I like the cast here - I enjoy Leonardo DiCaprio and Tobey Maguire in these roles, although they have never been my favorites. The Man in the Iron Mask and Spider-Man were two of my favorite movies as a kid, though, so I have a some nostalgia for them. Hmm...now that I think of it, those movies totally started my love of period dramas and superheroes. :-)

    Like you, I was really impressed with Joel Edgerton. I think he's one of the most underrated actors right now, because he can pull sympathy from you even when his character is unlikeable or hard to categorize (The Gift comes to mind - I was both sorry for him and creeped out).

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    1. Claire, YES! That's part of what I love about A Knight's Tale too. Just so you know, Australia doesn't meld modern music to its 1940s setting that way, but I do not care.

      I think the only other thing I've seen Joel Edgerton in are the Star Wars prequels, where I found his Owen Lars pretty sympathetic. So far, he's the only Tom Buchanan I believed!

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  5. A Knight's Tale has been on my to-watch list for AGES. I recently became a Rufus Sewell fan (I just finished The Man in the High Castle, and he's excellent in it) and I love Heath Ledger. I may head off to the library tonight in search of it! And I may pick up Australia too. I could never resist a Hugh Jackman movie!

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    1. Claire, oh oh oh, A Knight's Tale is so delicious! I saw it in the theater with my friends back when I was in college and we loved it so much, we got the poster for our dorm room. Wonderfully fun movie. First thing I ever saw Rufus Sewell in -- I quite dig him too! Especially in that, Hercules, Amazing Grace, and Middlemarch.

      I cannot resist Hugh Jackman. Pretty much at all. Amazing guy. I just rewatched Australia earlier this year, and I still like it tons!

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    2. I agree about The Man in the High Castle. I showed the first season to two girlfriends, who proclaimed at the start that they could never, ever have a Nazi be their favorite character. By the end, they were praying nothing happened to Rufus.

      He's also quite marvelous in the first half of the first season of "Victoria" (even my mother adored him there) and he did a little breaking of my heart in "Tristan + Isolde" as Lord Mark.

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    3. Charity and Claire, I watched the first ep or two of The Man from High Castle, and it has languished on my watchlist ever since. One day!

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  6. The 1970s and newer "Great Gatsby" movies both had some interesting art direction and costuming, and both were deeply flawed, alas!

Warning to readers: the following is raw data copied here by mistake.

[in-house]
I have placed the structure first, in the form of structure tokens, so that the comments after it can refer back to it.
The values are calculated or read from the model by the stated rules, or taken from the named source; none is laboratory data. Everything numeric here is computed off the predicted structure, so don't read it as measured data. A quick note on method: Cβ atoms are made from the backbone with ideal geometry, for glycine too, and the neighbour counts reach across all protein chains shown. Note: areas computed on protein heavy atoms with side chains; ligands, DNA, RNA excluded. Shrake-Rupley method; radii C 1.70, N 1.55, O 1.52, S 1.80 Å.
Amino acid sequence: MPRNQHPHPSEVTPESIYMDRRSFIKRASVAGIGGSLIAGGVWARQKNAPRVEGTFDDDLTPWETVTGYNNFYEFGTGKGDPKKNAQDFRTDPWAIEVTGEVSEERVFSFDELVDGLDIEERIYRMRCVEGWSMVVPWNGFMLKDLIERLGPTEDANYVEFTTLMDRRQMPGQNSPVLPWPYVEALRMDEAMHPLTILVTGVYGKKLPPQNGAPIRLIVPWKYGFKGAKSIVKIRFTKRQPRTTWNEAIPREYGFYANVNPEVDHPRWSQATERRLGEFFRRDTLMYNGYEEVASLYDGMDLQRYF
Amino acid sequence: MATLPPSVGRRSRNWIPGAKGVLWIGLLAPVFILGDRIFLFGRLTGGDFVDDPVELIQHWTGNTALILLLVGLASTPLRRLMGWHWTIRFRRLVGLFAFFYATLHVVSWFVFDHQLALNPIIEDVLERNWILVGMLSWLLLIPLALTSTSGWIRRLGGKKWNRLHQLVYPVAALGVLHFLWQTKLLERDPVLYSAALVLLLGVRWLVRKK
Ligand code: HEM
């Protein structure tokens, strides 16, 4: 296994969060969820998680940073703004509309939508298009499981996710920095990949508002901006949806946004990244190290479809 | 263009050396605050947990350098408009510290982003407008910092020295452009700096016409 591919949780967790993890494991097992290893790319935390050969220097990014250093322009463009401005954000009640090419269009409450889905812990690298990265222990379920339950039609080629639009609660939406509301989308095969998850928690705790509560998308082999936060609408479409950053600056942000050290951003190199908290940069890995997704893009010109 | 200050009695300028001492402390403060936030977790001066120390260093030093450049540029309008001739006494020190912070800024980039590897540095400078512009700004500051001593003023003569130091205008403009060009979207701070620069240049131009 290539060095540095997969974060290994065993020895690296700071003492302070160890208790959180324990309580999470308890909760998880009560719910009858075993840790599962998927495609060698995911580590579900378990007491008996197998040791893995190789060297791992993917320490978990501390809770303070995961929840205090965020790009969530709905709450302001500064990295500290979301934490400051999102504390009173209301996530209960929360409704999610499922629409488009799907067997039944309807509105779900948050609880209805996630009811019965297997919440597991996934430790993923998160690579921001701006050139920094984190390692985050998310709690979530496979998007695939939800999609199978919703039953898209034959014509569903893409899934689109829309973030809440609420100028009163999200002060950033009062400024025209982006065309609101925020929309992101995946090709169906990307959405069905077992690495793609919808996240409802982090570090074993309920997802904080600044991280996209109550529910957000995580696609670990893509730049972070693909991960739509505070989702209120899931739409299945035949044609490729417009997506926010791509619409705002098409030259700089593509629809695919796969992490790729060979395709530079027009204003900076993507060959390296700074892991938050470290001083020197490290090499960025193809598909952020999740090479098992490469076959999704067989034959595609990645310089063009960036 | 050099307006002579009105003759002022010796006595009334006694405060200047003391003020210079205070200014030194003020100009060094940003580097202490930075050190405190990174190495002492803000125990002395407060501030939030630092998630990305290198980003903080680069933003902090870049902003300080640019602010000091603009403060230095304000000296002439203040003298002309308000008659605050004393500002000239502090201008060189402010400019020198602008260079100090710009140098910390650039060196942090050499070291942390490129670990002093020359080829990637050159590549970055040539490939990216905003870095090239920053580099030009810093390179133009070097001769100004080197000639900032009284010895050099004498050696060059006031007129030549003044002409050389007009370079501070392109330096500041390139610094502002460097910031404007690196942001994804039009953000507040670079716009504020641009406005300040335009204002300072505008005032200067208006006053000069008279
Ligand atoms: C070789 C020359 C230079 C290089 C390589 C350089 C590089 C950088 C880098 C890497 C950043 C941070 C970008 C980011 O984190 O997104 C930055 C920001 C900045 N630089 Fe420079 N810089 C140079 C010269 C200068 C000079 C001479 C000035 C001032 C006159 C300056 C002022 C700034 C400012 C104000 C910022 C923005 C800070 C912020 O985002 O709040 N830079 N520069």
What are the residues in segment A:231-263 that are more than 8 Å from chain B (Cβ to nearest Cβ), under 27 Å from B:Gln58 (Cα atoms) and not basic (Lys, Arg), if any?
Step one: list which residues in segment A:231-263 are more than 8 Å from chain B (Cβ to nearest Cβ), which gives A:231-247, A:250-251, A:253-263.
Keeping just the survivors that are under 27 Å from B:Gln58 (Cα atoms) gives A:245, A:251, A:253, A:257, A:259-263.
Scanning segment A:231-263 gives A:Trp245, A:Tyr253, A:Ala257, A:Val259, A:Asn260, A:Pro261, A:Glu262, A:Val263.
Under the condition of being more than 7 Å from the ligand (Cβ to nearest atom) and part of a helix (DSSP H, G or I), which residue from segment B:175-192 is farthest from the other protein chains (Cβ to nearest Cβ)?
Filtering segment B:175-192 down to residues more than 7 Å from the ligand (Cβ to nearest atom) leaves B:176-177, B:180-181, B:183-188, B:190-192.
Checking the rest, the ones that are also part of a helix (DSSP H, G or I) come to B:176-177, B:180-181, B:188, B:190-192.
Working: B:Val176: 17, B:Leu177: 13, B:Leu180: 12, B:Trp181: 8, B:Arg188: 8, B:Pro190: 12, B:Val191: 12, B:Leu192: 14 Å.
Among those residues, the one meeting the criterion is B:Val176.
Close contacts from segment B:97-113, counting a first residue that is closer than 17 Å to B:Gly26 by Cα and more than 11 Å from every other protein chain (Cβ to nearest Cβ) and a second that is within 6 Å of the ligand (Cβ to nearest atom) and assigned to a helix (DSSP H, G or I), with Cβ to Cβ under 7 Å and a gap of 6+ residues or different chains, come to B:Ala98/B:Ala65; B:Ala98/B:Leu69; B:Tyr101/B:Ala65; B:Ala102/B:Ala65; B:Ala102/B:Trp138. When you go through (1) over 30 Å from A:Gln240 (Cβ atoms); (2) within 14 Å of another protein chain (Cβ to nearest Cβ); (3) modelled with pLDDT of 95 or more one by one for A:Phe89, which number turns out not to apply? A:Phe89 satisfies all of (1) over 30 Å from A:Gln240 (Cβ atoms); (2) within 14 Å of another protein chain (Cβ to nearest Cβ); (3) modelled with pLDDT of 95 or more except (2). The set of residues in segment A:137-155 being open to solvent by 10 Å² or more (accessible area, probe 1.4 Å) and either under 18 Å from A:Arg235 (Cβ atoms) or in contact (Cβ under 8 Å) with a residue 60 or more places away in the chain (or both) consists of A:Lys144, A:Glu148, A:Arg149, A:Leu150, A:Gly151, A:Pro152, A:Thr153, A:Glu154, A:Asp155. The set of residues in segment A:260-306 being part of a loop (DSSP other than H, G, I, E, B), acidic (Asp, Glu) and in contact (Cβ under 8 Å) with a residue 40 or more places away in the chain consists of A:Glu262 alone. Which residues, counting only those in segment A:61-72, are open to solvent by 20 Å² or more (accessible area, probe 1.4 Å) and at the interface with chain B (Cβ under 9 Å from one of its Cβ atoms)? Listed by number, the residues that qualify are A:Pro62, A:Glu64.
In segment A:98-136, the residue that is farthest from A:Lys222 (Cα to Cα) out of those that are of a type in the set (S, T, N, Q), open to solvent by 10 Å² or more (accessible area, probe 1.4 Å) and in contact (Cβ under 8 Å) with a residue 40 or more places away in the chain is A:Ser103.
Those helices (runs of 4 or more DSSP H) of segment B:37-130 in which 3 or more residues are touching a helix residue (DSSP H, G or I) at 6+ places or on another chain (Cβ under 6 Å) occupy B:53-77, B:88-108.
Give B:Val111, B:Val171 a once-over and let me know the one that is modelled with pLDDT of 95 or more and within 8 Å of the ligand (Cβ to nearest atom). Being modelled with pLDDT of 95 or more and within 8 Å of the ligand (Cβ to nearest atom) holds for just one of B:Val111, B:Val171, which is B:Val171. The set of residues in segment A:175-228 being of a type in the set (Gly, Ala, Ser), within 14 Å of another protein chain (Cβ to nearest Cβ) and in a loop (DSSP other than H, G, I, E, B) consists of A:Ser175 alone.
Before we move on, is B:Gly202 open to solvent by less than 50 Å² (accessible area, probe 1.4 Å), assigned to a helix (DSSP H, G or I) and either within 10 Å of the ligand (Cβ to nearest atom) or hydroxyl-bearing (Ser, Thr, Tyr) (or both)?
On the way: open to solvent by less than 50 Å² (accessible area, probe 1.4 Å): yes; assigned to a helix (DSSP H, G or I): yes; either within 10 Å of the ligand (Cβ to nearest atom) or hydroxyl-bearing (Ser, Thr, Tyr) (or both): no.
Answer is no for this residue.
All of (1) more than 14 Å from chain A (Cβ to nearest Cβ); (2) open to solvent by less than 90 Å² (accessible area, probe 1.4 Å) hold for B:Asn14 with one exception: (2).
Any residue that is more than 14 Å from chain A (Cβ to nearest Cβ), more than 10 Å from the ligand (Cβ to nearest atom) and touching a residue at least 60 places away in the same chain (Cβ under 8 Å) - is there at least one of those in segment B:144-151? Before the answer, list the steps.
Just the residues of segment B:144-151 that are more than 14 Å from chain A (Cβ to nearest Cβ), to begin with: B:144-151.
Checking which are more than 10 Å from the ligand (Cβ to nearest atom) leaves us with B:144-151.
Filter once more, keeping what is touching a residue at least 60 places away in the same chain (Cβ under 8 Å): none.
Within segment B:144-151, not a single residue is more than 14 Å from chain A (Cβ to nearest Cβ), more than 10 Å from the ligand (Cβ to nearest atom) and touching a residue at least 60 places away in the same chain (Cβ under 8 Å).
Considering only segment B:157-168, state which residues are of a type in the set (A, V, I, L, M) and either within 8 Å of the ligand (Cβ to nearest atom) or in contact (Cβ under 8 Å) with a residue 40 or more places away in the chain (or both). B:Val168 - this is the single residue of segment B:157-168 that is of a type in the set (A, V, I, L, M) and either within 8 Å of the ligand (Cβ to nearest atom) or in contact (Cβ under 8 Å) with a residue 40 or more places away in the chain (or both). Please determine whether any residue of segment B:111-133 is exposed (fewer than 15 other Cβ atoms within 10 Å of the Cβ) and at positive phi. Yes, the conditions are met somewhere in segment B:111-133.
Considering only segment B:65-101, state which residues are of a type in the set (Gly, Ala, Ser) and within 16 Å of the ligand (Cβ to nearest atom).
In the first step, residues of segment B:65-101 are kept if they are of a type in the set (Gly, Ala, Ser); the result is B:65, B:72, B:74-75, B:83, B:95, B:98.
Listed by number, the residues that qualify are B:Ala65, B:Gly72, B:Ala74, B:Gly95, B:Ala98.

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    1. John, yeah, this definitely wasn't perfect, but it wasn't dreadful either. Watchable, at least!

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  7. Because of the story (as usual, I've not read the book), I never got "into" this film or appreciated its message. I mean, sure it is gorgeous in terms of production, but it's just not the "right" kind of film for me. I think the lack of anything "good" makes it hard for me to connect with. Sad movies are something I have appreciated and even liked in the past, but this story just seems like such a depressing spiral because of choices, and therefore, it makes it impossible to enjoy (for me). It feels destructive and simply, sad. But then, I'm glad I don't have to judge what makes a classic and what doesn't! :)

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    1. Rissi, to me, all the glitz and prettiness is there to underscore how appearances are deceiving. Everyone "looks" like they're having a good time and "says" they're having a good time... but they're not. It's all hollow.

      I went into this more in my final post about the book, but I think a lot of what draws me to this movie its is cautionary message on how important it is for us to recognize what is real and what can never be real. If we get so wrapped up in how we imagine life should be or could be, we run the risk of jeopardizing the people around us, our own lives even, in pursuit of something that isn't even real.

      I've also realized that I only like a particular kind of tragedy -- it has to feel inevitable to me. Like Hamlet -- the bad things will happen no matter what the heroes do.

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Agree or disagree? That is the question...

(Rudeness and vulgar language will not be tolerated.)